Do They Have Any Writing You Can Check Out?

Check previous writing by the instructor if you can find it. Blogs and Facebook will help you see what type of voice the instructor typically uses. It also helps show how well they communicate topics that can be confusing. And it will arm you with a list of questions when you talk with them (see last item below).

Is There Any Follow Up?

Is the workshop or tour over and you’re on your own? Or can you ask followup questions? It is not vital if it is one way or another, but it is important to know before signing up. Personally, as a student, I prefer to have the opportunity to ask questions days later as the concepts sink in and I have a chance to practice.

Will Your Equipment Meet The Minimum Standards?

Some workshops are aimed at the true beginner. Some at intermediate or advanced. Will your point and shoot camera or 4/3rds version work well for the workshop? Will you get more out of it if you had a DSLR? Don’t waste your money on a workshop that will tell you how to use different aperture settings if you can’t set your aperture.

What Can You Expect To Walk Away With?

Ask the instructor to list what new knowledge you will gain after your time together. Some workshops also offer software or books for review.

What Is The Refund Policy?

This is pretty easy; how much of your money can you get back if plans should change? Can you reschedule and apply the fees you have paid?

Can You Get A Copy Of The Syllabus?

Websites often list the basics to draw you in. Ask for a complete list of topics covered to see if your time will be well served. If 40% or more of the workshop covers topics you are already solid with, consider private instruction to fill in the gaps.

Lastly, if at all possible (and especially when booking a longer tour) get on the phone with the instructor and chat. While many of these questions can be answered in email or by browsing websites, talking on the phone or in person will let you know how the instructor communicates and if you get along. If the workshop is short, just a day or two, compatibility is not too much of an issue if they can deliver on topics covered.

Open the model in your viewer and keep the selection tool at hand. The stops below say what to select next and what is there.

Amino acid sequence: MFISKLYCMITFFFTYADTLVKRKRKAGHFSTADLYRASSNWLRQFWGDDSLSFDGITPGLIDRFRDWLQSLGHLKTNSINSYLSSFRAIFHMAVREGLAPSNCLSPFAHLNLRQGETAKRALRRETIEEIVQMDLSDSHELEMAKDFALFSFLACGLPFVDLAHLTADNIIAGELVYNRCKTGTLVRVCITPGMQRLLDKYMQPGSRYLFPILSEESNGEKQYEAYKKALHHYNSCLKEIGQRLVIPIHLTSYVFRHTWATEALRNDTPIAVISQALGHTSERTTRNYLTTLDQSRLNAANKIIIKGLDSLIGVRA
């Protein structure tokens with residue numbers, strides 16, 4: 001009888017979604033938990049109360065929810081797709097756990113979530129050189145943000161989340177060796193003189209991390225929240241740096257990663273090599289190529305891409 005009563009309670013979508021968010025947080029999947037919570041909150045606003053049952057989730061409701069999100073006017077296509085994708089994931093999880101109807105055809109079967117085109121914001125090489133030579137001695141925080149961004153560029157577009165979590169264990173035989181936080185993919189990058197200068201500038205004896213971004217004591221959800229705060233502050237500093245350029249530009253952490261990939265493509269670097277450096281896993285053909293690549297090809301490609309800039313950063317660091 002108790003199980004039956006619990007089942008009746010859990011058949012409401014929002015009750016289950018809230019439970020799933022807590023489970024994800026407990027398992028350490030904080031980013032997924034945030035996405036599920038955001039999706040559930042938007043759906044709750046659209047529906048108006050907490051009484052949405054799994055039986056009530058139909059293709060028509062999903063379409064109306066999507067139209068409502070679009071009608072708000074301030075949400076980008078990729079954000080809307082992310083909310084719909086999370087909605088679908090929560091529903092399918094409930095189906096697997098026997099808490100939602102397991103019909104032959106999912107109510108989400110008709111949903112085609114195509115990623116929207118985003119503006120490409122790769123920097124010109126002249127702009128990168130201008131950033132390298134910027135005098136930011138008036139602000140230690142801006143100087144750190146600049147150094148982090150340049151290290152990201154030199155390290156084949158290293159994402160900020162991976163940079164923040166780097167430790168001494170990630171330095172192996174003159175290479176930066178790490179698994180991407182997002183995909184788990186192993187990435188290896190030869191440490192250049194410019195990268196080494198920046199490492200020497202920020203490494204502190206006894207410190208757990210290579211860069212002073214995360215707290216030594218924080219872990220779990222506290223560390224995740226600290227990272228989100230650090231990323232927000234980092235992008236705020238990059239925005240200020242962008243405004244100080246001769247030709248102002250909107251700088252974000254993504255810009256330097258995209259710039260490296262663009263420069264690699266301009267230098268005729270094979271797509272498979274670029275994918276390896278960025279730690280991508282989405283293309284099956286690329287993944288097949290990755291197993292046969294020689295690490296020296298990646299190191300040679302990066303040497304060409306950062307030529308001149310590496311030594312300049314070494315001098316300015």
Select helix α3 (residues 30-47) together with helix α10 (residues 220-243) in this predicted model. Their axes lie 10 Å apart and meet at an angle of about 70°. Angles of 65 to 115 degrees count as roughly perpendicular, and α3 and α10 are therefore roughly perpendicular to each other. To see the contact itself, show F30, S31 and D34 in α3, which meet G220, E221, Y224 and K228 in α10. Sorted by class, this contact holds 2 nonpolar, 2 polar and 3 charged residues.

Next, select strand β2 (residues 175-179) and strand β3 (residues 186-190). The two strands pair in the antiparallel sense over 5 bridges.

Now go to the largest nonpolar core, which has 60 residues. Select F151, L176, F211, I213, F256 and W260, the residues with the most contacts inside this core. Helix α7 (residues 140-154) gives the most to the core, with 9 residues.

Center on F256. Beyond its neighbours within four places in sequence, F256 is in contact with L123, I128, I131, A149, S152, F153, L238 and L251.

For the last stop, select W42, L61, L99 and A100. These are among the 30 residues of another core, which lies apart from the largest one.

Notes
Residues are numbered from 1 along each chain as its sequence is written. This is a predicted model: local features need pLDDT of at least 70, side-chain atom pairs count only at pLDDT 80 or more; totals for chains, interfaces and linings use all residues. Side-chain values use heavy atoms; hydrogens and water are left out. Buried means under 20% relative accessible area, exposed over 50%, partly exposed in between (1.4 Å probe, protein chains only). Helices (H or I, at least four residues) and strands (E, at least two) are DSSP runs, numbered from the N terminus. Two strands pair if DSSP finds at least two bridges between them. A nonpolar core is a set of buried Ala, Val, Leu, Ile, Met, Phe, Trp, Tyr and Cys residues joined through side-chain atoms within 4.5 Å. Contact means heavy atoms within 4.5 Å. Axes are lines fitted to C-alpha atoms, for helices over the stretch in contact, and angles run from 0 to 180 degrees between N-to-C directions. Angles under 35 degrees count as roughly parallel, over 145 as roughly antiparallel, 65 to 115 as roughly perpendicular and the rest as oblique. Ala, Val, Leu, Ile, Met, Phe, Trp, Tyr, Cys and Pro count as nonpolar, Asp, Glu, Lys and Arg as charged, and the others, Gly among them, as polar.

But on a longer trip, it’s more vital to make sure you can communicate well with the instructor. You don’t have to be best friends, but a good instructor will make you feel welcome and should be able to listen to your wants and desires for your time together.

As you may suspect, many of the DPS writers enjoy helping others learn about photography. Below is a list of workshops offered by DPS writers. Each has different areas of interest and topics covered, as well as geographic locations served.

  • Jim Goldstein – Photo Tours and Workshops in California, Montana and Utah
  • Natalie Norton – Photo Workshops in Hawaii and Photo Business Instruction
  • Christina Dickson – Photography Business Instruction
  • Valerie Jardin – Photo Tours In France starting in 2013
  • Helen Bradley – Adobe Lightroom, CS5 and Elements Instruction, Individual Instruction
  • Matt Dutile – Individual Photo Instruction
  • Elizabeth Halford – Individual Instruction, Remote Consultation
  • Neil Creek – Night Sky Photography Workshops
  • Peter West Carey – Photo Workshops, Lightroom Workshops, Individual Instruction in Washington, Oregon and California, and Photo Tours to Nepal, Bhutan and India
  • Rachel Devine – Camera Therapy Workshops

And if you need help looking for an instructor or workshop, my favorite resource (for photography and other subjects) has been

What other questions do you typically ask an instructor before signing up for a workshop or tour? Please add your input in the comments section below.

Post originally from: Digital Photography Tips.

Check out our more Photography Tips at Photography Tips for Beginners, Portrait Photography Tips and Wedding Photography Tips.

Choosing a Photography Workshop Or Tour

Digital Photography School

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Article: Aviation photography technique

28 Nov


Aviation photographer and editor of Pacific Wings magazine, Rob Neil, explains the basics of shooting aircraft. His article discusses the techniques and equipment you’ll need for capturing great images of both moving and static aircraft. He also talks about some basic photographic lessons you might do well to un-learn.

News: Digital Photography Review (

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Paul Kim – You Left Me For That (Official Music Video) HD

28 Nov